Reflections on my first year as a farm wife

One year has passed since I said “I do” and married a farmer. It feels like only yesterday I was in a wedding dress dancing under an Oklahoma sky with my newly-minted husband. I am happy to report that it has been a terrific year full of notable milestones, such as receiving our first mail with the titles Mr. and Mrs., celebrating our first holidays as a married couple and the big test—making it through the first wheat harvest together. This year has been full of love, joy and happiness, but with any transition of this magnitude, I have also had to adapt to a new way of living.

Most women have to get acclimated to washing and folding twice as much laundry after they get married. However, with farmers it’s about four times the amount of laundry and the clothes are often caked with dirt, oil and grease, and wreak of manure or chemicals. Additionally, I’d advise any new farm wife to check the pockets of every pair of jeans before they start a wash cycle. I’ve washed many wheat tickets, trail camera memory cards and hardware this year. Another helpful hint for any new farmer’s wives is to be strategic when you ask for something you want. I’ve learned the best time to make a request is right after a much-needed, soaking rain and if I’m afraid of the answer, I wait until I’ve fed him a home-cooked, hearty meal. Food and moisture always seem to soften a farmer’s heart.

I’d have to say one of the most challenging aspects for any new farm wife has got to be learning all the names of fields and places for any given family farm. Every family has nicknames they use to tell them apart and those names have been ingrained in their minds for years, but for new wives, remembering the names and where the places are is tough—especially if they didn’t grow up in the area. After a year I still need to consult the farm map my mother-in-law gave me when I was delivering harvest meals to the field. Furthermore, I sometimes wonder what I would do without Google Maps and if my husband wasn’t able to drop a pin and send me an exact location with GPS directions. There’s a good chance I would end up in another county if I was trying to find him in the middle of the night without a pin.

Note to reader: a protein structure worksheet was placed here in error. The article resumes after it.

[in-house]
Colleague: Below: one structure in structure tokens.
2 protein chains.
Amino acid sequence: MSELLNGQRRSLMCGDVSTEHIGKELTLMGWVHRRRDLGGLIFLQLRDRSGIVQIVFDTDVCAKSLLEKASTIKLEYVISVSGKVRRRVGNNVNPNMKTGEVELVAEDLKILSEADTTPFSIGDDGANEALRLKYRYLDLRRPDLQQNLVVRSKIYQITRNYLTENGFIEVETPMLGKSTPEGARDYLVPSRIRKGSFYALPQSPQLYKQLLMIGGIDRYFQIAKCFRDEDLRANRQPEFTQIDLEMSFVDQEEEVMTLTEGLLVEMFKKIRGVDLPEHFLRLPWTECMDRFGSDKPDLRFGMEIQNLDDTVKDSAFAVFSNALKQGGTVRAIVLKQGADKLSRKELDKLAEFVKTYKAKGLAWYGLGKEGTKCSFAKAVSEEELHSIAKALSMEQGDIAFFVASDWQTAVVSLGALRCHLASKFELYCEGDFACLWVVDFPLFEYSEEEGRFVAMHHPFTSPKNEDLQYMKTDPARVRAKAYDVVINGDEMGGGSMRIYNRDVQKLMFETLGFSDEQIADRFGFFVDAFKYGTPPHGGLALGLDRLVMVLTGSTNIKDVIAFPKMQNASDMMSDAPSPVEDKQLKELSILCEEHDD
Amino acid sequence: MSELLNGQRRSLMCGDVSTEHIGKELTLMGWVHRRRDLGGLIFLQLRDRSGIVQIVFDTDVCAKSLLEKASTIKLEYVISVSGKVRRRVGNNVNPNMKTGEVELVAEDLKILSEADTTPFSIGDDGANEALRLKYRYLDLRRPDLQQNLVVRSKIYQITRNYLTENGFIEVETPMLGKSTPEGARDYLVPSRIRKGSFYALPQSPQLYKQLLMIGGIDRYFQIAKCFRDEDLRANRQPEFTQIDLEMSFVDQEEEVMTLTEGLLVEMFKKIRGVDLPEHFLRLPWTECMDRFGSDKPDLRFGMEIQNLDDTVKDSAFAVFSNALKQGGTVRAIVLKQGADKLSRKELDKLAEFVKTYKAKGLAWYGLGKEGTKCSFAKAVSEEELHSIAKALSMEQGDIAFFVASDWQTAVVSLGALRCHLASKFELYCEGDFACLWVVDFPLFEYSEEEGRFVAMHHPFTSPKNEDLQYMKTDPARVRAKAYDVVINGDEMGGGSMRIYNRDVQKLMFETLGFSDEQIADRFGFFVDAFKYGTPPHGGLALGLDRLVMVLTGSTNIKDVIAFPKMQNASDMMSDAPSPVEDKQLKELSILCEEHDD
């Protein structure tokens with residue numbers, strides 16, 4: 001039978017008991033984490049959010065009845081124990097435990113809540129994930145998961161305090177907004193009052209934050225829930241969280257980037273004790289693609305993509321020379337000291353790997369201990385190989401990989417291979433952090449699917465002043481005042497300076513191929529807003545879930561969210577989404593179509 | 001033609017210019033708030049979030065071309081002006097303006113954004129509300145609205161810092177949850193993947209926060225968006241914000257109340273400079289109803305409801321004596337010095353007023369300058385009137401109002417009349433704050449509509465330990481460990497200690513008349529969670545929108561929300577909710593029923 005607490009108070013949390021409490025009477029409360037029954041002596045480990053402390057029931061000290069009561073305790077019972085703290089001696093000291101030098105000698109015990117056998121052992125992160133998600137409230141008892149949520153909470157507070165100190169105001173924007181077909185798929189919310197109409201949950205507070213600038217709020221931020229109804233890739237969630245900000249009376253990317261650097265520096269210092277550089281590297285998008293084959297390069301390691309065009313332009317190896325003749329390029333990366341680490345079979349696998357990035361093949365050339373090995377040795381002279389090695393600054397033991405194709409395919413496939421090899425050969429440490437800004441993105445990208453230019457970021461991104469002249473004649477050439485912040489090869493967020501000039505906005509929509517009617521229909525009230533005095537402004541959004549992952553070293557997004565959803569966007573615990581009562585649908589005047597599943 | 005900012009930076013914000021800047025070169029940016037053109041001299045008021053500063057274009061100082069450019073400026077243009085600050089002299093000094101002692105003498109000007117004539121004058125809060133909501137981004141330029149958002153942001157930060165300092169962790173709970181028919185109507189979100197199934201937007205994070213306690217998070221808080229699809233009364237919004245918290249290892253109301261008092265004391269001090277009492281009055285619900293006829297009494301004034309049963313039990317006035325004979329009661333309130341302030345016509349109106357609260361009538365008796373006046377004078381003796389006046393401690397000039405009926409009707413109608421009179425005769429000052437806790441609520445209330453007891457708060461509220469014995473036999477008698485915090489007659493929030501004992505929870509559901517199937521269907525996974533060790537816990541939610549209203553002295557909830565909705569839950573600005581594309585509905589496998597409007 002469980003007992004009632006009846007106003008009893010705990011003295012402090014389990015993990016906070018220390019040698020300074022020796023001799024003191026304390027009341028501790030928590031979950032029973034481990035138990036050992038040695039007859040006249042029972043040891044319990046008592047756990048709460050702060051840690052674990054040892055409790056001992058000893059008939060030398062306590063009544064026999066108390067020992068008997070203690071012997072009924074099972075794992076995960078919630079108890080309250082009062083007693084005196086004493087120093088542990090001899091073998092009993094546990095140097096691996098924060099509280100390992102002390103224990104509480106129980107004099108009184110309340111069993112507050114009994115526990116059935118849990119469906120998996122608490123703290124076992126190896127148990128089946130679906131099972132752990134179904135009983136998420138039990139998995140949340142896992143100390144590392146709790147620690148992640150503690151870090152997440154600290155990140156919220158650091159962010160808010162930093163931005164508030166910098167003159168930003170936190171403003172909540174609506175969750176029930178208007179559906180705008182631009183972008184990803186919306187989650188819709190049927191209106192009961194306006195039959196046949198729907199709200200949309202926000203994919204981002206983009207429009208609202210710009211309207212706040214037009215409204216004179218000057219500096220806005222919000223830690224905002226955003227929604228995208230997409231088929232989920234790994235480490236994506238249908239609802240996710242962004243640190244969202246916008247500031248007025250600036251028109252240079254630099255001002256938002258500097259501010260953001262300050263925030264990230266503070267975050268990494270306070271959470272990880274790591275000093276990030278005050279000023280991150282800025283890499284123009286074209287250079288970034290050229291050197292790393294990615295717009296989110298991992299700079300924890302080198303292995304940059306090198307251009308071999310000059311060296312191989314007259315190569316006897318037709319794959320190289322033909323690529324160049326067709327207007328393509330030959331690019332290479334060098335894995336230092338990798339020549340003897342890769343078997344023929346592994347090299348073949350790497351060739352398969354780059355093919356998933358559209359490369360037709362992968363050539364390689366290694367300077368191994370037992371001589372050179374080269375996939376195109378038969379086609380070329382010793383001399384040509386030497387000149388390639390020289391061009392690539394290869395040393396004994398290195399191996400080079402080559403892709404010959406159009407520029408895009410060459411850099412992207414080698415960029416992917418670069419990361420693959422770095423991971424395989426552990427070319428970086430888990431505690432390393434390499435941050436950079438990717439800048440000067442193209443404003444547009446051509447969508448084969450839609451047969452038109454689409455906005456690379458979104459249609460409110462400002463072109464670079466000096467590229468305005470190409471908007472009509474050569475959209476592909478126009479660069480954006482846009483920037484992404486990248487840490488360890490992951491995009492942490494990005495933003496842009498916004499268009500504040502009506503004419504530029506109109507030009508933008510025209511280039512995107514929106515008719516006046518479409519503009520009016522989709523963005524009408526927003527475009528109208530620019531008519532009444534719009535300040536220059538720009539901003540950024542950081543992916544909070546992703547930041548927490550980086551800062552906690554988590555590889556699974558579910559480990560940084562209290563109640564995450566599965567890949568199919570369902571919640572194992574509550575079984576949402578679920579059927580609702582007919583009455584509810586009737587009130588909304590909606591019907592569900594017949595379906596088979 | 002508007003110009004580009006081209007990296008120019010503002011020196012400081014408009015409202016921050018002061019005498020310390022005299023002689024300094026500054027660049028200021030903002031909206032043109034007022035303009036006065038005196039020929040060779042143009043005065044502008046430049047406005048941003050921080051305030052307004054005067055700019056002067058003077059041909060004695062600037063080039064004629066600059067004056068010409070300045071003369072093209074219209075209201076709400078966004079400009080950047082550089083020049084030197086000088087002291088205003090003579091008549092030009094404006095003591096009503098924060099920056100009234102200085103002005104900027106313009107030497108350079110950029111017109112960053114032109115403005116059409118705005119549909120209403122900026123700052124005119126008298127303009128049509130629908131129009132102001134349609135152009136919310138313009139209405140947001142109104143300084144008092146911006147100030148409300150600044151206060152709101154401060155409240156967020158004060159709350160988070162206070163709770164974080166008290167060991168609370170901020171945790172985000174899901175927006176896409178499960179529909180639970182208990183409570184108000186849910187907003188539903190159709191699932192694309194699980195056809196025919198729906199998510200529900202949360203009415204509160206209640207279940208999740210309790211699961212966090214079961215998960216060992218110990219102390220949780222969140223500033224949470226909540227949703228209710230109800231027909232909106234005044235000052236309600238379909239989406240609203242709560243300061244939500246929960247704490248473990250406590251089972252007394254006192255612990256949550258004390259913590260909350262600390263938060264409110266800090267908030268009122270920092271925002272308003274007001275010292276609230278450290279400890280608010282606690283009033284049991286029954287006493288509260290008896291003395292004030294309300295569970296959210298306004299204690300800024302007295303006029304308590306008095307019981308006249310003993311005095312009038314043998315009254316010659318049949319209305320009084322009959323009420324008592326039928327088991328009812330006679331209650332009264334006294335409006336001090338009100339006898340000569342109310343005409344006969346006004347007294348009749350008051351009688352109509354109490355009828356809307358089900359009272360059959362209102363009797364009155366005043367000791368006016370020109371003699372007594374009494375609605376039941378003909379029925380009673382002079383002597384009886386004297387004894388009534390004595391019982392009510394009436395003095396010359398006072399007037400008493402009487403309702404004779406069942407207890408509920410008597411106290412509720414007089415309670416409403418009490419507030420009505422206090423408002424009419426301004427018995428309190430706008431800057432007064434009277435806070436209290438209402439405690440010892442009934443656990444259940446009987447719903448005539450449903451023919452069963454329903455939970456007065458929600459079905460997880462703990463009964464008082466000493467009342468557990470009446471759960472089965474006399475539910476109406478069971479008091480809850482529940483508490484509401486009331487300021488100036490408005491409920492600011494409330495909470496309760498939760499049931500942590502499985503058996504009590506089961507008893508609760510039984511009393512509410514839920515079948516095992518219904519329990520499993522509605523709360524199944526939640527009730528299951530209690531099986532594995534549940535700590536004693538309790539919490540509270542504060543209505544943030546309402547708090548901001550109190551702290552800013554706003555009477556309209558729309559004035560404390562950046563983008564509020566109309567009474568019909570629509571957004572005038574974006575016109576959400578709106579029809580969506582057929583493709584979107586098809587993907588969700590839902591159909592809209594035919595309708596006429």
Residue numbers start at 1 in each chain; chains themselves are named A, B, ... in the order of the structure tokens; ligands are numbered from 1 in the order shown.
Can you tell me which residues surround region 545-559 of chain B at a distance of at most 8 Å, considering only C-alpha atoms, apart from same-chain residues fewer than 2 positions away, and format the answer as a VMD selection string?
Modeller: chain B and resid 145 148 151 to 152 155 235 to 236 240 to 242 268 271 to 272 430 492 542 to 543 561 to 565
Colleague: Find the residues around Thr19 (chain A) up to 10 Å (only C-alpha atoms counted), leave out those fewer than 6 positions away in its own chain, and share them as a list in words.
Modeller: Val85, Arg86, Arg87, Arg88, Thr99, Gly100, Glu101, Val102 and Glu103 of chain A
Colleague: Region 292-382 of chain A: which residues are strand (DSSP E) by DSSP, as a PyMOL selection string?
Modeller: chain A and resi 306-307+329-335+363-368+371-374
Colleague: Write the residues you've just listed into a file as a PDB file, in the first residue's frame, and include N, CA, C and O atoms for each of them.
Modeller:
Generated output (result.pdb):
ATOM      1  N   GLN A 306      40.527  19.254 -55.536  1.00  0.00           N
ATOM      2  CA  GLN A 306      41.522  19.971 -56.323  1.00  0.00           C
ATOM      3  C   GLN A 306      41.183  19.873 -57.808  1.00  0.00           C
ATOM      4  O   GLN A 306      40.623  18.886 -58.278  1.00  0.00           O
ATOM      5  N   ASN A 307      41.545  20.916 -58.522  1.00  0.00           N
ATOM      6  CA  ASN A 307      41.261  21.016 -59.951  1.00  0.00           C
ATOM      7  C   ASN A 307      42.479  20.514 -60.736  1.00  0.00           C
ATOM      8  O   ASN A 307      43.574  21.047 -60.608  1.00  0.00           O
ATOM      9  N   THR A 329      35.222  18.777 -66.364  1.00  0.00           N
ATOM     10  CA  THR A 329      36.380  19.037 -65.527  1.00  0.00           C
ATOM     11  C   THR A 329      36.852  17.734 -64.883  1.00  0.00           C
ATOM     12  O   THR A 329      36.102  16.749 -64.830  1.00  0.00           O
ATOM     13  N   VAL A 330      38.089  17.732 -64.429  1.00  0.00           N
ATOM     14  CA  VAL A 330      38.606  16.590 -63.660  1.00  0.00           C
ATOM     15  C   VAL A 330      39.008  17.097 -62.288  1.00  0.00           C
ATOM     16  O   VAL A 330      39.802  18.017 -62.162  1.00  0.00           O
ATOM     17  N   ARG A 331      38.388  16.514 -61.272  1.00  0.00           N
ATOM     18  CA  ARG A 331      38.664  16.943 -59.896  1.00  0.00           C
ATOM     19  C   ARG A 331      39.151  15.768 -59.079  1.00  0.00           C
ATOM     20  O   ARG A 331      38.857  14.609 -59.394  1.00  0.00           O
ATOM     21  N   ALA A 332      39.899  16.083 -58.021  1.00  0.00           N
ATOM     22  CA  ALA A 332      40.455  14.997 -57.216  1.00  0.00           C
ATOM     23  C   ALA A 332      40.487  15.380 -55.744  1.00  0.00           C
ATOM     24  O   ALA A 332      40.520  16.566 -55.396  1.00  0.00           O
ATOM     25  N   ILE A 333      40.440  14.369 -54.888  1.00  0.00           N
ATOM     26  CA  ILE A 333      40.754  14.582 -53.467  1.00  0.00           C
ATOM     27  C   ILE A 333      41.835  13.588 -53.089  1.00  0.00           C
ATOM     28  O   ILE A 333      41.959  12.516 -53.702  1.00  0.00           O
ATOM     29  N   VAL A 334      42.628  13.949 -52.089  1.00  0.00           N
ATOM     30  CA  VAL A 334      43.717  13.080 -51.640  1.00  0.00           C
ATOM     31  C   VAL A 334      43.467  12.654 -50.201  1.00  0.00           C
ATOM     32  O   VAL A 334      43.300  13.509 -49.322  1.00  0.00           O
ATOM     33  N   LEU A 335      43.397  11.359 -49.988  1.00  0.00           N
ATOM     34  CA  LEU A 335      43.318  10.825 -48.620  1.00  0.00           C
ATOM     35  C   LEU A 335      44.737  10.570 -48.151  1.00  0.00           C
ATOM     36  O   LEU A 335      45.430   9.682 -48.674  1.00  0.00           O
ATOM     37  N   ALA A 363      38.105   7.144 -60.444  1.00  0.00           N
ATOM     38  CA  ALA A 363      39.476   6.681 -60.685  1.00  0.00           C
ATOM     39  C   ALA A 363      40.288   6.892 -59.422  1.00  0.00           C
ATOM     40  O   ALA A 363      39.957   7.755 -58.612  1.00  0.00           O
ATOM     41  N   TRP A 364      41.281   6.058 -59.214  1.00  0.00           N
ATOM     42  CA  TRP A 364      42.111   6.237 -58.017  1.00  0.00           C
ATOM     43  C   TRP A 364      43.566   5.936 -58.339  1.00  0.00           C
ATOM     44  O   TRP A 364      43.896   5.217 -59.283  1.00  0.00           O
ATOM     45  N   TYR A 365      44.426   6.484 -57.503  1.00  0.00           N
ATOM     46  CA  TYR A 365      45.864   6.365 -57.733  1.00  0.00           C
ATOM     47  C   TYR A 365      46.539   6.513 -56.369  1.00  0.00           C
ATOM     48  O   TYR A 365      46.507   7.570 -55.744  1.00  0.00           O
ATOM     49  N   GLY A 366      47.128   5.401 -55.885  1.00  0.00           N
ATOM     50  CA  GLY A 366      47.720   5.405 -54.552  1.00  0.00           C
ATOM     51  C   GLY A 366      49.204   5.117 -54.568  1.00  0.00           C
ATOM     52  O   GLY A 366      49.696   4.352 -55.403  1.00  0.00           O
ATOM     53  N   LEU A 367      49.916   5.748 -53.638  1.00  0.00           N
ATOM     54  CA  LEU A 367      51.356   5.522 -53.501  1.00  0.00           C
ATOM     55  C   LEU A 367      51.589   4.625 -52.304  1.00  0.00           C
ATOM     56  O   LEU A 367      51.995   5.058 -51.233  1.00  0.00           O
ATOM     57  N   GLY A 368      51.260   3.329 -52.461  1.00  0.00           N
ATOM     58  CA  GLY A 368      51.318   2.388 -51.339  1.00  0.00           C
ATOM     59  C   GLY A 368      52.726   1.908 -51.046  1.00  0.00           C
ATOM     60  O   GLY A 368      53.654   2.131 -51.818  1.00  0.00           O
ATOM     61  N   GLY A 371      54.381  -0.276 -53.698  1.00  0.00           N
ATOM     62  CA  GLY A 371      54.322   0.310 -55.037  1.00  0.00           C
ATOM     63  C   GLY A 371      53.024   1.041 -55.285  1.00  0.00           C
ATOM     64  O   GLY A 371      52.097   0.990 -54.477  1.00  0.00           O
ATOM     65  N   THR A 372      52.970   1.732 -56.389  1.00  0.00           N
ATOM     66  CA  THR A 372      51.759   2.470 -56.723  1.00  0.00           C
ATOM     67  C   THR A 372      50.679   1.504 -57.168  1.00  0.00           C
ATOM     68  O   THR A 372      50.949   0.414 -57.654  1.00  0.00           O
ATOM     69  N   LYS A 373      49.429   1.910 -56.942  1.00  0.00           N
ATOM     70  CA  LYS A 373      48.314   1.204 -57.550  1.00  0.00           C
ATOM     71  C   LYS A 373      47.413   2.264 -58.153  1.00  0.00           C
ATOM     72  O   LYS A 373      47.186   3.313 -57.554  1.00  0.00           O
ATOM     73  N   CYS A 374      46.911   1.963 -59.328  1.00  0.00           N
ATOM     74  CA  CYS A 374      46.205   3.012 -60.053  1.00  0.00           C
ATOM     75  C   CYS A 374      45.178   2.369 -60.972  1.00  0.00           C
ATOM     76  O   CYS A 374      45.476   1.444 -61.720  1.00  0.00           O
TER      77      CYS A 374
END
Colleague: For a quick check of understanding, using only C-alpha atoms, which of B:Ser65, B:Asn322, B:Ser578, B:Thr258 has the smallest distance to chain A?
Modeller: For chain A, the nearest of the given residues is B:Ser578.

For those who don’t know, a farming family’s social life is centered around harvest, planting, spraying, fertilizing, feeding livestock and the weather and the actual yearly calendar is just a suggestion. For most households, Halloween is the time to trick or treat or snuggle up and watch a scary movie together, but for us it’s the perfect time to plant wheat under a full moon. Similarly, people who work in production agriculture don’t take a vacation or time off regularly, but these trips are treasured so much more because they are rare—making the memories incredibly special and dear to my heart.

It’s no secret farm wives make sacrifices all the time. We can’t expect our husbands to drive up at 5:30 every evening after work, and unfortunately, they can’t be by our side at every special event, wedding or party—particularly in June, that is unless it rains. This lifestyle is not for everyone. I knew that before I got married and our first year of matrimony has cemented this statement as fact. However, I’ve found the transition of becoming a farmer’s spouse is actually quite simple as long as your love for your partner means more than what must be given up to live this lifestyle.

This year was difficult for all farmers and ranchers due to dry conditions, high input prices and crazy markets. But even after a year of intense drought like we’re experiencing now, farmers will continue to cultivate the land and the same goes for marriage—we’re in it for the long haul through the good times and the bad.

Lacey Vilhauer can be reached at 620-227-1871 or [email protected].